On October 3, 2017, the Atlantic Council hosted a conference with experts from the public and private sector to discuss the impact of Brexit on economic sanctions policymaking. The United Kingdom (UK) currently plays a considerable role crafting and implementing sanctions policy in the European Union (EU). Transatlantic cooperation and sanctions alignment are vital to ensure the effectiveness of this essential foreign policy tool.
Through the City of London, the UK has a special role as the “financial lever” of the EU’s economic sanctions. British support is also provided to the EU through seconded national sanctions policy experts. There is a clear asymmetry of knowledge and influence within the EU given the UK’s close relationship with the United States, its national expertise in sanctions policy, and its position as the financial lever for economic sanctions. The UK’s important position in crafting current EU economic sanctions regimes suggests that post-Brexit divergence is unlikely.
In a post-Brexit world, the UK will have technical autonomy over its sanctions policy. Despite this, the country will be limited in its flexibility on sanctions policy because 99 percent of UK sanctions are United Nations (UN) sanctions, EU sanctions, or supported by both institutions. Sir John Sawers, former chief of the Secret Intelligence Service (MI6), believes that the UK will have little choice but to follow US and EU sanctions after Brexit because of the collective power of the two regimes.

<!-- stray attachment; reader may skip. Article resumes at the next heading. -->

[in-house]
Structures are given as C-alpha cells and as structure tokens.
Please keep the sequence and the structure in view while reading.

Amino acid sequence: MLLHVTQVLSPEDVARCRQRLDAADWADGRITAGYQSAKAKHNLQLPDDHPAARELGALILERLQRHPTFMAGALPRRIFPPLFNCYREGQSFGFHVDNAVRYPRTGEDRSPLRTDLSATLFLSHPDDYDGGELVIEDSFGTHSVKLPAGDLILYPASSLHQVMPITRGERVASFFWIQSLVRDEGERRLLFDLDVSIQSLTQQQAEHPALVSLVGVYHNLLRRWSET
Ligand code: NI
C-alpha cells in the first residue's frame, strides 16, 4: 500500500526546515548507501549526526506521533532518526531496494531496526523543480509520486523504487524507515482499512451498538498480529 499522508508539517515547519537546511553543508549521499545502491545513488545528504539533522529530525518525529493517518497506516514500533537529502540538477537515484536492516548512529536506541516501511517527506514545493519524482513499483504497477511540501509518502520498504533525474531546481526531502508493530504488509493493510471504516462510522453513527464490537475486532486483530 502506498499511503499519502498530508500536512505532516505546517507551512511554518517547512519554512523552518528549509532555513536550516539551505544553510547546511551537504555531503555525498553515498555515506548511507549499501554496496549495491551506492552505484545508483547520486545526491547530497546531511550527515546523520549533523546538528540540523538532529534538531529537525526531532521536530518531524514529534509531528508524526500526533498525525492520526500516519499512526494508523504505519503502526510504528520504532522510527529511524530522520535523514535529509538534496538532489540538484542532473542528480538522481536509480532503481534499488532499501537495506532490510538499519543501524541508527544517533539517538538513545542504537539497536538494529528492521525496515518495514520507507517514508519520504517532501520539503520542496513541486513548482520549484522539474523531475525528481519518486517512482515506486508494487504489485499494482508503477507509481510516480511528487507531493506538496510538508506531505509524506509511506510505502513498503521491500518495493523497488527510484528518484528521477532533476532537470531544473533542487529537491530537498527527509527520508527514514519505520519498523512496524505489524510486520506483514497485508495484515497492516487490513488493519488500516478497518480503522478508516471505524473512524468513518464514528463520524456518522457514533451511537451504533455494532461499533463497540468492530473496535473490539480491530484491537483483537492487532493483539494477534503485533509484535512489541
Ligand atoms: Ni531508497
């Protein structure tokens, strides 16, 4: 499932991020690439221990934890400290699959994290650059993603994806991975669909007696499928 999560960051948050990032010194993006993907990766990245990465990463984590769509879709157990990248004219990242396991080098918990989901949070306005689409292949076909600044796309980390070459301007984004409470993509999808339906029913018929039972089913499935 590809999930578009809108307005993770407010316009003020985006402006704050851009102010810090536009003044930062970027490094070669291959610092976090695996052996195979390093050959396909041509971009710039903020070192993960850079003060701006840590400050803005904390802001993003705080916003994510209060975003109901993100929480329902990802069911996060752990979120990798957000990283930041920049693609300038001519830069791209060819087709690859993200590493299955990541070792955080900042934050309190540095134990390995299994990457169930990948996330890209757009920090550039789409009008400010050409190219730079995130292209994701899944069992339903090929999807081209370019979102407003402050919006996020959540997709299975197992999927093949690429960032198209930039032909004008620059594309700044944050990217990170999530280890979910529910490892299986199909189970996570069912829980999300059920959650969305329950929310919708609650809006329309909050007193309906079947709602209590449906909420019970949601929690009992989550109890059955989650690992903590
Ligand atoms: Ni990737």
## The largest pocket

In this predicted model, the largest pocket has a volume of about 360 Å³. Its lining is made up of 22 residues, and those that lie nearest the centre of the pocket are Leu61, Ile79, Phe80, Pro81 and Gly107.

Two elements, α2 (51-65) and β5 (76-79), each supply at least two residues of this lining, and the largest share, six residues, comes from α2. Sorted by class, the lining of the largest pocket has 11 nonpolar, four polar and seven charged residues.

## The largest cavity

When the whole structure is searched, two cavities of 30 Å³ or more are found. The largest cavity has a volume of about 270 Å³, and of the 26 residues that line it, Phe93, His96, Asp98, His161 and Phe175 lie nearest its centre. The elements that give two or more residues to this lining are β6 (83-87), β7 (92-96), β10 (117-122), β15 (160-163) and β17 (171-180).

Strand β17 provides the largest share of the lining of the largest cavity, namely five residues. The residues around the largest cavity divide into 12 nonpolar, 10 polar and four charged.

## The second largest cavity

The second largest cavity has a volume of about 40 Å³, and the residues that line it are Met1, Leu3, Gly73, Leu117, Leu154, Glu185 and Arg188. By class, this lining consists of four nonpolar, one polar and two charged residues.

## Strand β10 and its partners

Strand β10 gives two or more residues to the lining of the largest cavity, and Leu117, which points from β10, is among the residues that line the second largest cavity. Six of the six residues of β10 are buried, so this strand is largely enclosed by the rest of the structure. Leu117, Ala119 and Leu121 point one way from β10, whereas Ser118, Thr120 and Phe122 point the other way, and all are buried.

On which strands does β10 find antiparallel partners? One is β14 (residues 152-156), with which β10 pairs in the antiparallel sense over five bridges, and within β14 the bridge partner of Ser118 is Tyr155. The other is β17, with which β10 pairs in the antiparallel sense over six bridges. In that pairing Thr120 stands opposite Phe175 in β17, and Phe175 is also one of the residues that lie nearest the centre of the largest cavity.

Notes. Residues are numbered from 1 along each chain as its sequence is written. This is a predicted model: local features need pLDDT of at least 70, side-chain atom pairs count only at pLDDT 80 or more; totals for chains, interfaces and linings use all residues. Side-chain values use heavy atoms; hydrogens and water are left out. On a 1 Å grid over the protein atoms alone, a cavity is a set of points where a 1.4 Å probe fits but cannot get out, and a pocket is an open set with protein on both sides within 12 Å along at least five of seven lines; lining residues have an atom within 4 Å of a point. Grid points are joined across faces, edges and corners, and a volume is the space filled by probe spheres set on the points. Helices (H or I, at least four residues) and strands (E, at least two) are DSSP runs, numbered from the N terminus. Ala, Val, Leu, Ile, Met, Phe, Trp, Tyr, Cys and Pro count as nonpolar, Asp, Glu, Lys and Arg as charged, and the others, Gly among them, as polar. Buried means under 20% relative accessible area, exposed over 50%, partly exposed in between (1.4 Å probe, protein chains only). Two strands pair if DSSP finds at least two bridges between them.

There is no official international agreement in place that requires sanctions cooperation between the United States and the EU, nor between the United States and the UK, but shared foreign policy and national security interests drive collaboration and coordination. Yet, in the case of Russia, a substantial number of EU member states have reservations about the EU-US sanctions regimes because of the commercial interests of European companies in Russia. Brexit will threaten the consensus on sanctions within the EU and may have wider implications for transatlantic cooperation on economic sanctions in general.
The private sector usually bears the brunt of implementing economic sanctions. Thus, companies value stability in international and national regulatory regimes. Vastly divergent sanctions regimes are not desirable, nor implementable for many companies operating on a global scale. If the UK, or the EU, diverge on sanctions policies post-Brexit, it would create more uncertainty for businesses, and increase compliance costs and risk exposure.
In a recent statement on sanctions after Brexit, Downing Street affirmed that it “continues to see a strong mutual interest in cooperation and collaboration with European partners.” Brexit will provide the UK with greater flexibility in its implementation of economic sanctions, but it should take into account the three C’s: cooperation, coordination, and consistency. Close cooperation between the UK, United States, and EU on economic sanctions is essential as it lays the groundwork for coordination and consistency. Multilateral coordination is also vital to ensure the efficacy and alignment of economic sanctions. Finally, consistency is imperative to the business community to ensure compliance costs and disruption are kept to a minimum. The UK, post-Brexit, must adhere to these guiding principles to ensure economic sanctions remain an effective tool in the foreign policy arsenal.